(Excerpt from Principles and Concepts for Martial Arts)
Kuzushi, breaking the balance, is the key to a beautiful, effortless throw. When your opponent is off-balance, he has no power to resist your attack.
There are 8 main directions for Kuzushi:
You can be off-balance forward, forward and to the right, to the right, backwards and to the right…
When people demonstrate breaking the balance, they often exaggerate the movement, pulling or pushing the center of gravity way out of the base, like this:
It should be quite obvious this man is about to fall. Throwing him to the left would take no effort at all.
While this is a good way to explain the principle of Kuzushi, this is not the proper way to perform Kuzushi. This is NOT how you break the balance of an opponent in practice.
As we have seen earlier in “Balance in motion”, the body is constantly adjusting its base to keep it under the center of gravity. If you pull your opponent’s center of gravity completely out of his base, he will automatically change his base and recover his balance. He does this all the time, every day, he is very good at it.
Getting him completely off balance sounds great in theory, but it is very difficult to do against an actual opponent.
Breaking your opponent’s balance is a subtle movement. You are trying to bring his center of gravity to the edge of his base, far enough from the center that he loses power, but not so far that he would feel the need to correct his position:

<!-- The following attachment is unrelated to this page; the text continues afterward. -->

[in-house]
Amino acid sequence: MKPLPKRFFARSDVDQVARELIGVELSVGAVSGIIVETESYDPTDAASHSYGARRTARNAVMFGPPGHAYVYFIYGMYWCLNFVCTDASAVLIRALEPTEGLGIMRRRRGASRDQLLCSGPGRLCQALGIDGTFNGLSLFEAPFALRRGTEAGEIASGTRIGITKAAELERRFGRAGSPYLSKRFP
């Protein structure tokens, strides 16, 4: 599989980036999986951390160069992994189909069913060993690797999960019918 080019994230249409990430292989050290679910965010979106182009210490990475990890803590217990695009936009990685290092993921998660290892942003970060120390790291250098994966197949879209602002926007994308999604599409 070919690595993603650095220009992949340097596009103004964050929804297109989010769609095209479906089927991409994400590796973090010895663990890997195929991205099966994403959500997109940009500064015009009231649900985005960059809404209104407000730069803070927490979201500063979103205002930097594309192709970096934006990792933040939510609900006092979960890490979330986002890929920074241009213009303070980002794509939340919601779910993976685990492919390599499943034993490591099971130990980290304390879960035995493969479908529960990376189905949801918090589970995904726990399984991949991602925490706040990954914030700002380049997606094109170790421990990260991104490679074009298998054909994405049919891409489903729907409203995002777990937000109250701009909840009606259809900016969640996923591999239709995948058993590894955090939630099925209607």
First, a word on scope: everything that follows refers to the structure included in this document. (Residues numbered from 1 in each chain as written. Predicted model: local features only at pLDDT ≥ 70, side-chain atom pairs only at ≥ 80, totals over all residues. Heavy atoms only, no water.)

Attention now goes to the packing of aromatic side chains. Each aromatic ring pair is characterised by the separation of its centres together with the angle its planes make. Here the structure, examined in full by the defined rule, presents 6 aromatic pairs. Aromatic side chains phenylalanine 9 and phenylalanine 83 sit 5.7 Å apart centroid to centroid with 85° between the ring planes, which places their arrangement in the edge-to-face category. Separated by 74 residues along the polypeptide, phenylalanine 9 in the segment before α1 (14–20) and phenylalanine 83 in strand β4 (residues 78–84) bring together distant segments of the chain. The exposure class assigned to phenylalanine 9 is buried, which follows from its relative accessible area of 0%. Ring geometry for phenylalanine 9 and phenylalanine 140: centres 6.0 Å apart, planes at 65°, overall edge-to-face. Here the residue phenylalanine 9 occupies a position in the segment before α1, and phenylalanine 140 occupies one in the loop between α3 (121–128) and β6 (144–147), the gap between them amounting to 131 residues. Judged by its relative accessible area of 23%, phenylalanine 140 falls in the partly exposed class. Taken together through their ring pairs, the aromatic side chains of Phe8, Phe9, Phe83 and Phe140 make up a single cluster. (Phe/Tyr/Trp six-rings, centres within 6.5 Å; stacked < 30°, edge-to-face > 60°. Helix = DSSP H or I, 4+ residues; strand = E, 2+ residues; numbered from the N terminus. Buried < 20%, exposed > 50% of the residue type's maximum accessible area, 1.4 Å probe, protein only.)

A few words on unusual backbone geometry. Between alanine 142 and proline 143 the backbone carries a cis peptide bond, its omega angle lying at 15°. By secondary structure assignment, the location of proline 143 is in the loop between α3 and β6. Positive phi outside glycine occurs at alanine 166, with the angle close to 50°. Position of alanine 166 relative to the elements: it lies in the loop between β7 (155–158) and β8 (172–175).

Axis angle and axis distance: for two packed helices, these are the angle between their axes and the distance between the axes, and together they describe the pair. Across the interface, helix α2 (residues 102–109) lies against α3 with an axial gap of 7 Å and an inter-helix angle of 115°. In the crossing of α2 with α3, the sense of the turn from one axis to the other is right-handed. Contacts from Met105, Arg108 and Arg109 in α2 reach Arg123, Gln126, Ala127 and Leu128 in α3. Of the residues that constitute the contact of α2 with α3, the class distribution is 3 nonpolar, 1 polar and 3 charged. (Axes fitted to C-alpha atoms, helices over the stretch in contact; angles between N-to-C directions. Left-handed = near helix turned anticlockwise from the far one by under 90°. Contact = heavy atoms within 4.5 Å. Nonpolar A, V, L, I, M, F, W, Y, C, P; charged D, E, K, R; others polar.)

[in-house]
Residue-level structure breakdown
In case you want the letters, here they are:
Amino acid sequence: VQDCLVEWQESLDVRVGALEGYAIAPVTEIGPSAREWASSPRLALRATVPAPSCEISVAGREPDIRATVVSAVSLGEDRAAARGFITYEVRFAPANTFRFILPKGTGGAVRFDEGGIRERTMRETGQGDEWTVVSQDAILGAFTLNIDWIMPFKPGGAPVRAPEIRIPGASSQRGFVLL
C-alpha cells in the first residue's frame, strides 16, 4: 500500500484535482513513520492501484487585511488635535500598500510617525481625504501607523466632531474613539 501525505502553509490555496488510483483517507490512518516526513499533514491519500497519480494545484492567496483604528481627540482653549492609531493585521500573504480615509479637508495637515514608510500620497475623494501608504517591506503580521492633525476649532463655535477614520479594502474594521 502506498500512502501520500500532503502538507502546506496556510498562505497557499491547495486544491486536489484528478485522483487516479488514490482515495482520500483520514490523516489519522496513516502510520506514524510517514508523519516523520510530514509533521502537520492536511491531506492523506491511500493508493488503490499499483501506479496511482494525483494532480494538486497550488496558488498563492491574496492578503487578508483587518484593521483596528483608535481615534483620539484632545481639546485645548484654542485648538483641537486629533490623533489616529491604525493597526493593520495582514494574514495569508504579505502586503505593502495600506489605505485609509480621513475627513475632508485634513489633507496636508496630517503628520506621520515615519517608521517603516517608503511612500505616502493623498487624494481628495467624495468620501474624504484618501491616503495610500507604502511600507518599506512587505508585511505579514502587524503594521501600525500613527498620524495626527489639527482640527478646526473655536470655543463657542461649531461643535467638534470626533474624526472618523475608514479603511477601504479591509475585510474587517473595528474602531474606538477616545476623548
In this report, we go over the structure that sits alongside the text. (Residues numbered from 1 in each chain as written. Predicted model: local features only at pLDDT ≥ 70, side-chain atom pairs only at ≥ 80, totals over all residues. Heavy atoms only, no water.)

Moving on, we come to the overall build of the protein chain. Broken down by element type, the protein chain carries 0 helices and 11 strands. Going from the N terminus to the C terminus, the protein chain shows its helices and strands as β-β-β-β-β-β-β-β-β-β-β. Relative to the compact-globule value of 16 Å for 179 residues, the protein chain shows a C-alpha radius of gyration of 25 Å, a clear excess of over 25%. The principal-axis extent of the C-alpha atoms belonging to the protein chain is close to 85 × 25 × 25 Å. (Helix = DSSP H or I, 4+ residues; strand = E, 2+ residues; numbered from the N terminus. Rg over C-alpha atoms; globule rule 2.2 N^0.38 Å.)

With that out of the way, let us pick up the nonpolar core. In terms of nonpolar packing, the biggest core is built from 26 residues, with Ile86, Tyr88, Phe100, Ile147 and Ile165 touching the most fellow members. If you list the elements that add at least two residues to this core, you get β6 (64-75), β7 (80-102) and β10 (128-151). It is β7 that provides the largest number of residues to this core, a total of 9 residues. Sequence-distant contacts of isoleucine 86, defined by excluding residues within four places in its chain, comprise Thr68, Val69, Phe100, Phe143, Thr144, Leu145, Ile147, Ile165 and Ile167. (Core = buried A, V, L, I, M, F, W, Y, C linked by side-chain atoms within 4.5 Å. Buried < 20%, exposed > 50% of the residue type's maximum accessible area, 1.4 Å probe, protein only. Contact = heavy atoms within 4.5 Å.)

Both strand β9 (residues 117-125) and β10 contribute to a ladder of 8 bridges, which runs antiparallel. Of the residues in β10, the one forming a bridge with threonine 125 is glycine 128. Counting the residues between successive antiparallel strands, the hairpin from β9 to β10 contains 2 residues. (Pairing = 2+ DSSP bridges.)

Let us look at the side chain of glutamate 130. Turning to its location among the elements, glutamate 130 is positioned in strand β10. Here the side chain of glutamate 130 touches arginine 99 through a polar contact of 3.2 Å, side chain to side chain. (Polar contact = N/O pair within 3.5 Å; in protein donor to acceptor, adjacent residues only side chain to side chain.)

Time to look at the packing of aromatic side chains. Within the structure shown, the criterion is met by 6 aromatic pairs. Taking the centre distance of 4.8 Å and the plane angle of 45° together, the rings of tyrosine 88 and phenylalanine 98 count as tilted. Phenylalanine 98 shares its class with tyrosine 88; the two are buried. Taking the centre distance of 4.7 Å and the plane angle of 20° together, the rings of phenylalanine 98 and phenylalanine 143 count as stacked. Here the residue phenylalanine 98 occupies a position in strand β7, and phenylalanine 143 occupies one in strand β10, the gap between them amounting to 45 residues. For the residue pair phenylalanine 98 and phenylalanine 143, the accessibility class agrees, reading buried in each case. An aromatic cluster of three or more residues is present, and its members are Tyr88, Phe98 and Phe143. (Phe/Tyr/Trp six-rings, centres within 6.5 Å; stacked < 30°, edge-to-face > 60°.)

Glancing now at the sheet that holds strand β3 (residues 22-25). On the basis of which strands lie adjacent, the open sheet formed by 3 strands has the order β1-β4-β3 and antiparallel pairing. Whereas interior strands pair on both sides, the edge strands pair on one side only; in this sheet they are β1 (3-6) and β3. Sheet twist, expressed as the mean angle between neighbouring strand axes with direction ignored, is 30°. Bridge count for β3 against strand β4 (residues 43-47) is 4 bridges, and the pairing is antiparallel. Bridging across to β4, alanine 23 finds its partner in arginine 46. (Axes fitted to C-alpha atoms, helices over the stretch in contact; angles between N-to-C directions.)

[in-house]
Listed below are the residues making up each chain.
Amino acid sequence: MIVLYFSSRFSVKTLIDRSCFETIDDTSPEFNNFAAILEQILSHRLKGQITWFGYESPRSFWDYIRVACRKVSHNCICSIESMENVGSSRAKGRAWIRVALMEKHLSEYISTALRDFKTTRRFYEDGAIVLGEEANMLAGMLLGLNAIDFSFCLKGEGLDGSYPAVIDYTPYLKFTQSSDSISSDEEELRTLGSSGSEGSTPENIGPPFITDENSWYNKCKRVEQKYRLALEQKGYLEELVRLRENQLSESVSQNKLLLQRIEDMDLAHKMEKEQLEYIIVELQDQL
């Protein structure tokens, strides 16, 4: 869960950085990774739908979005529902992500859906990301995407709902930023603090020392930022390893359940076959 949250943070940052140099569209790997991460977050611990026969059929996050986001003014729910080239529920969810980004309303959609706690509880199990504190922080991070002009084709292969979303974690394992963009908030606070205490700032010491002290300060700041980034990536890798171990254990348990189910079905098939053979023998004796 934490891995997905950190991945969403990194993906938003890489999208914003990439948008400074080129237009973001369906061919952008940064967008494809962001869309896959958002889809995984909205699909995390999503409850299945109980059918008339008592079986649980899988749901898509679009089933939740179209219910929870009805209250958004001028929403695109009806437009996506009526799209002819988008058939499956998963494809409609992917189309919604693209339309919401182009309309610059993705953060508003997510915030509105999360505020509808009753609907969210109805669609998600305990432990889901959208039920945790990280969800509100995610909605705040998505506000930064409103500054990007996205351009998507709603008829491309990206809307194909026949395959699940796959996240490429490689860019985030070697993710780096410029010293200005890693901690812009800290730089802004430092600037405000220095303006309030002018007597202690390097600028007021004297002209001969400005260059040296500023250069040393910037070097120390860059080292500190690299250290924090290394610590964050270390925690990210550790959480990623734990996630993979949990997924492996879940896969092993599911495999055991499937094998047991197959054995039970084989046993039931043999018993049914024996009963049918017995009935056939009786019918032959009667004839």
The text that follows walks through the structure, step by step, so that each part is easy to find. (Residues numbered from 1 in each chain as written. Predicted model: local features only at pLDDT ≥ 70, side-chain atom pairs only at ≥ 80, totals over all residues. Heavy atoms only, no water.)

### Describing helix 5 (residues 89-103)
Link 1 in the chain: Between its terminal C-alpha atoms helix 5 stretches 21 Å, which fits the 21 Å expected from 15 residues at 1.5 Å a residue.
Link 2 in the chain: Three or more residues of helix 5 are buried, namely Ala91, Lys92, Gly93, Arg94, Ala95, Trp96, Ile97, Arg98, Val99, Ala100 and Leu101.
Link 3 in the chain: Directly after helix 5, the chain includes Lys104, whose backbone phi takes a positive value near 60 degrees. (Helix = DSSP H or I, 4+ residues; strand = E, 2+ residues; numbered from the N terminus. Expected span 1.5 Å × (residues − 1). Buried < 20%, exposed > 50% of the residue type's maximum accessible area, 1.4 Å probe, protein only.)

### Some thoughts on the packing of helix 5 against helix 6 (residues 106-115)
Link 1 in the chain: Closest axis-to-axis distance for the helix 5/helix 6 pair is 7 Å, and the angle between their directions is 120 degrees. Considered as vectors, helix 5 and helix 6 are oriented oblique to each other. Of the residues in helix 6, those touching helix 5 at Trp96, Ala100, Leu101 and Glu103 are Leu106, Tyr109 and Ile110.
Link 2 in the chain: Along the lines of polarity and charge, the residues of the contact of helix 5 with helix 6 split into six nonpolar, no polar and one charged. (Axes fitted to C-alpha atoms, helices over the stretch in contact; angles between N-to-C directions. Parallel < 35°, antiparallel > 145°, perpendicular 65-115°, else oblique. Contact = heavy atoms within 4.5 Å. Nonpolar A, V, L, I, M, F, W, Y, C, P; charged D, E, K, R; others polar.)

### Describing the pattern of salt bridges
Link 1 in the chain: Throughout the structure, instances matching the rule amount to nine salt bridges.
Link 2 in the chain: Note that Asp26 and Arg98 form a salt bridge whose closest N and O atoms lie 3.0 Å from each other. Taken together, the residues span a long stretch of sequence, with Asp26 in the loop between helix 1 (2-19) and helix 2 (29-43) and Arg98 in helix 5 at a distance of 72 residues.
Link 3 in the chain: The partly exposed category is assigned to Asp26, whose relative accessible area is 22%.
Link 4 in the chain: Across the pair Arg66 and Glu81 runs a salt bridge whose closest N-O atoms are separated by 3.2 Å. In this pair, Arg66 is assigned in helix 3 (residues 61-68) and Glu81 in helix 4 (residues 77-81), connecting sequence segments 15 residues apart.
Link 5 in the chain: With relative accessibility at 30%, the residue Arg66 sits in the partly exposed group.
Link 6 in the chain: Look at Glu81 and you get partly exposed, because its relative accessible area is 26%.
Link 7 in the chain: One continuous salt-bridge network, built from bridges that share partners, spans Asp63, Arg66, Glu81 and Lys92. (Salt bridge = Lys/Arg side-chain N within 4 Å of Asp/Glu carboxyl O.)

When his center of gravity reaches the edge of his base, he can be thrown with little effort and will have few options to recover. This is Kuzushi, the breaking of the balance.
The edge of the green area represents the point at which the opponent’s balance is broken.
It is important to note how this ties in with timing. Remember that timing is attacking at the right time. When is the right time? When Kuzushi is successfully achieved, or is about to be. (As mentioned earlier, you have to be in position to attack when that happens, so you still need to predict it a bit in advance).
Another point to note is that not all directions are equal for Kuzushi:
As you will no doubt notice on this picture, if you are attacking perpendicularly to the base, you only need to move the center of gravity by about 5 inches (half the length of the foot) to reach the edge of the base and achieve Kuzushi, whereas if you want to obtain Kuzushi to the side, you have to move the center of gravity much further (which can be done and is often done), making it a less subtle option, and more difficult if the opponent has a wide base.
By default, you want to position yourself perpendicular to the base and attack along the dotted line.
To learn more about balance and other vital concepts of grappling, get a copy of Principles and Concepts of Martial Arts.
– Guest post by Sylvain Galibert
A lifelong martial artist, Sylvain Galibert received his Judo black belt at the Kodokan in Japan and trained Muay Thai in Thailand. He is the author of Principles and Concepts for Martial Arts and Chess principles for Martial Arts.